Biodiversity loss from deforestation may be partly offset by the expansion of secondary forests and plantation forestry in the tropics. However, our current knowledge of the value of these habitats for biodiversity conservation is limited to very few taxa, and many studies are severely confounded by methodological shortcomings. We examined the conservation value of tropical primary, secondary, and plantation forests for 15 taxonomic groups using a robust and replicated sample design that minimized edge effects. Different taxa varied markedly in their response to patterns of land use in terms of species richness and the percentage of species restricted to primary forest (varying from 5% to 57%), yet almost all between-forest comparisons showed marked differences in community structure and composition. Cross-taxon congruence in response patterns was very weak when evaluated using abundance or species richness data, but much stronger when using metrics based upon community similarity. Our results show that, whereas the biodiversity indicator group concept may hold some validity for several taxa that are frequently sampled (such as birds and fruit-feeding butterflies), it fails for those exhibiting highly idiosyncratic responses to tropical land-use change (including highly vagile species groups such as bats and orchid bees), highlighting the problems associated with quantifying the biodiversity value of anthropogenic habitats. Finally, although we show that areas of native regeneration and exotic tree plantations can provide complementary conservation services, we also provide clear empirical evidence demonstrating the irreplaceable value of primary forests. biodiversity indicators ͉ congruence ͉ conservation ͉ tropical forests ͉ Amazon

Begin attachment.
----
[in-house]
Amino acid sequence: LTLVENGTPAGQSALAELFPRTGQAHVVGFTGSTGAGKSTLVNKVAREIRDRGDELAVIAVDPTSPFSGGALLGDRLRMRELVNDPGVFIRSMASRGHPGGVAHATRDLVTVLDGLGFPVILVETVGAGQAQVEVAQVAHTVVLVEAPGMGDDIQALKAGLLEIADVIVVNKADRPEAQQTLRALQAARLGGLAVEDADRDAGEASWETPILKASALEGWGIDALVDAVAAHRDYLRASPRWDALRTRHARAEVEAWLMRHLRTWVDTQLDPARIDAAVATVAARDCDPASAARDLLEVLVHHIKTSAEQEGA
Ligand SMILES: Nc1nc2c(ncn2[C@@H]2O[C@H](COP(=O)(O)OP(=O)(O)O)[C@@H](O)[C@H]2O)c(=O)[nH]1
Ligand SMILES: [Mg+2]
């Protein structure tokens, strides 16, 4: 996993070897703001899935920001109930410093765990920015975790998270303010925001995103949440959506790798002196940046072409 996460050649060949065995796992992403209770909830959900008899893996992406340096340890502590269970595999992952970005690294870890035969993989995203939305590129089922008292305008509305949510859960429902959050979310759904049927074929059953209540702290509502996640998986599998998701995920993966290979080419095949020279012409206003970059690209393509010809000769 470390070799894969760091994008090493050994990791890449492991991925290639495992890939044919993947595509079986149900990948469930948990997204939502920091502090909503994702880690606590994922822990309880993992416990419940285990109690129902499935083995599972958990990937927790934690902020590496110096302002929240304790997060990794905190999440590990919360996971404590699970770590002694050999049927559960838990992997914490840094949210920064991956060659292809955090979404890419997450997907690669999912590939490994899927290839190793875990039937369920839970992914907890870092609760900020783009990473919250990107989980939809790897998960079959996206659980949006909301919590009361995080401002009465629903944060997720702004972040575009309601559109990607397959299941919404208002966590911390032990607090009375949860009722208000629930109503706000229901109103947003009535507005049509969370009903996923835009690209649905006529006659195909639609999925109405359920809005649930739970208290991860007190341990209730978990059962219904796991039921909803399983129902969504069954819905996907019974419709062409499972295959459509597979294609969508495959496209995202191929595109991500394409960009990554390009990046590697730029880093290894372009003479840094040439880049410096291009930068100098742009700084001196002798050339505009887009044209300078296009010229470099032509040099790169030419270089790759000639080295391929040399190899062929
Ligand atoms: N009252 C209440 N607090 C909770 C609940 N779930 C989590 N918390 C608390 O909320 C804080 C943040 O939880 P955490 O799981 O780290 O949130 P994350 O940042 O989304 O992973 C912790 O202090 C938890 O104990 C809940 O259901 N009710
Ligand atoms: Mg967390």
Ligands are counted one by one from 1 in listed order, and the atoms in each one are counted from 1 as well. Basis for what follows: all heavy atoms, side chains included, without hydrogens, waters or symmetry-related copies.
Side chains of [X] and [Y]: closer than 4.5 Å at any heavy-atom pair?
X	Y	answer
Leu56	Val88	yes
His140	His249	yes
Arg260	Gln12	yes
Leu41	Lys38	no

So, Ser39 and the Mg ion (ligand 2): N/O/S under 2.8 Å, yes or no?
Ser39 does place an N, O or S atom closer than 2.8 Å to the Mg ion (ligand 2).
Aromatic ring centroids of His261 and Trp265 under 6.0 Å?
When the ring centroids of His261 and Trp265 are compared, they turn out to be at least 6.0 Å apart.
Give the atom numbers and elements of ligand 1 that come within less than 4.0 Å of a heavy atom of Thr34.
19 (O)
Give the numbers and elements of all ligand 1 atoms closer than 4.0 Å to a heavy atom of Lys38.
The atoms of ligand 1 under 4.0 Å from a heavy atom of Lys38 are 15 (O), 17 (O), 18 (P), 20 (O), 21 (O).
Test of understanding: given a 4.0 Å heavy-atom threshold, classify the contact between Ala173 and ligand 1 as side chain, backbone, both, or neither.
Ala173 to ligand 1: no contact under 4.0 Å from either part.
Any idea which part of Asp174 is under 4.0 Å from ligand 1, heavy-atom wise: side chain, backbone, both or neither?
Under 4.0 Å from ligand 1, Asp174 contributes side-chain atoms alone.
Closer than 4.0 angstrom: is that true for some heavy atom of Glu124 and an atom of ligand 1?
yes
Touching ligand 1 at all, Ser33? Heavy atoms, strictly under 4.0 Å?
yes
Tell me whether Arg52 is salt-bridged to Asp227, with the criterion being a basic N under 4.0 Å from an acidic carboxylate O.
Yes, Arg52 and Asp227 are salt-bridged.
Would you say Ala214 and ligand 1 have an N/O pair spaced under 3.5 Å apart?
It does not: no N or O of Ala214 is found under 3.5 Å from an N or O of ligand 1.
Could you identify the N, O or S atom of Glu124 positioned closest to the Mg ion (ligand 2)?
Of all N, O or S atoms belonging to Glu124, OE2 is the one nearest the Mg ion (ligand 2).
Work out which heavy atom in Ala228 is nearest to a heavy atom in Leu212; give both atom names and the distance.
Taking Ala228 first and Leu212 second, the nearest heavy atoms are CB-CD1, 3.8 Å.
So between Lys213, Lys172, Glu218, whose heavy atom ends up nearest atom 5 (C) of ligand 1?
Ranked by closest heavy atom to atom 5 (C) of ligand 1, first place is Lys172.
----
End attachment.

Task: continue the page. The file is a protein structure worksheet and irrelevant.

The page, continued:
17Drought threatens tropical rainforests over seasonal to decadal timescales  , but the drivers 18 of tree mortality following drought remain poorly understood 5,6 . It has been suggested that 19 reduced availability of non-structural carbohydrates (NSC) critically increases mortality risk 20 through insufficient carbon supply to metabolism ('carbon starvation') 7,8 . However little is 21 known about how NSC stores are affected by drought, especially over the long term, and 22 whether they are more important than hydraulic processes in determining drought-induced 23 mortality. Using data from the world's longest-running experimental drought study in tropical 24 rainforest (in the Brazilian Amazon), we test whether carbon starvation or deterioration of the 25 water-conducting pathways from soil to leaf trigger tree mortality. Biomass loss from 26 mortality in the experimentally-droughted forest increased substantially after >10 years of 27 reduced soil moisture availability. The mortality signal was dominated by the death of large 28 trees, which were at a much greater risk of hydraulic deterioration than smaller trees. 29However, we find no evidence that the droughted trees suffered carbon starvation, as their 30 NSC concentrations were similar to those of un-droughted trees, and growth rates did not 31 decline in either living or dying individuals. Our results indicate that hydraulics, rather than 32 carbon starvation, triggers tree death from drought in tropical rainforest. 34Drought-response observations from both field-scale experiments and natural droughts have 35 demonstrated increased mortality over the short-term (1-3 years), with notably higher 36 vulnerability for some taxa, and for larger trees 6,9,10 . After several years of drought, 37 recovering growth rates in smaller trees, dbh (diameter at breast height) <40 cm, and reduced 38 mortality have been recorded at different locations 6,11,12 . However, the long-term (>10 yr) 39 sensitivity of tropical forests to predicted prolonged and repeated water deficit  we synthesise these data to test whether long-term soil moisture deficit alters NSC storage 64 and use in tropical rainforest trees, and if this, or hydraulic processes, are most strongly 65 associated with increased mortality rates. 66By 2014, following 13 years of the TFE treatment, cumulative biomass loss through mortality 67 was 41.0±2.7% relative to pre-treatment values (Fig. 1a), and the rate of loss had increased 68 substantially since the previous reported value of 17.2±0.8%, after 7 years of TFE 6 . 69Accelerating biomass loss and failure to recover substantially, or to reach a new 70 equilibrium 13 , has led to a committed flux to the atmosphere from decomposing necromass of 71 101.9±19.1 Mg C ha -1 (Fig. 1a). This biomass loss has been driven by elevated mortality in 72 the largest trees (Fig. 1b), as previously observed over shorter timescales 6 , and has created a 73 canopy that has had a persistently lower average leaf area index during 2010-2014 74 (12.0±1...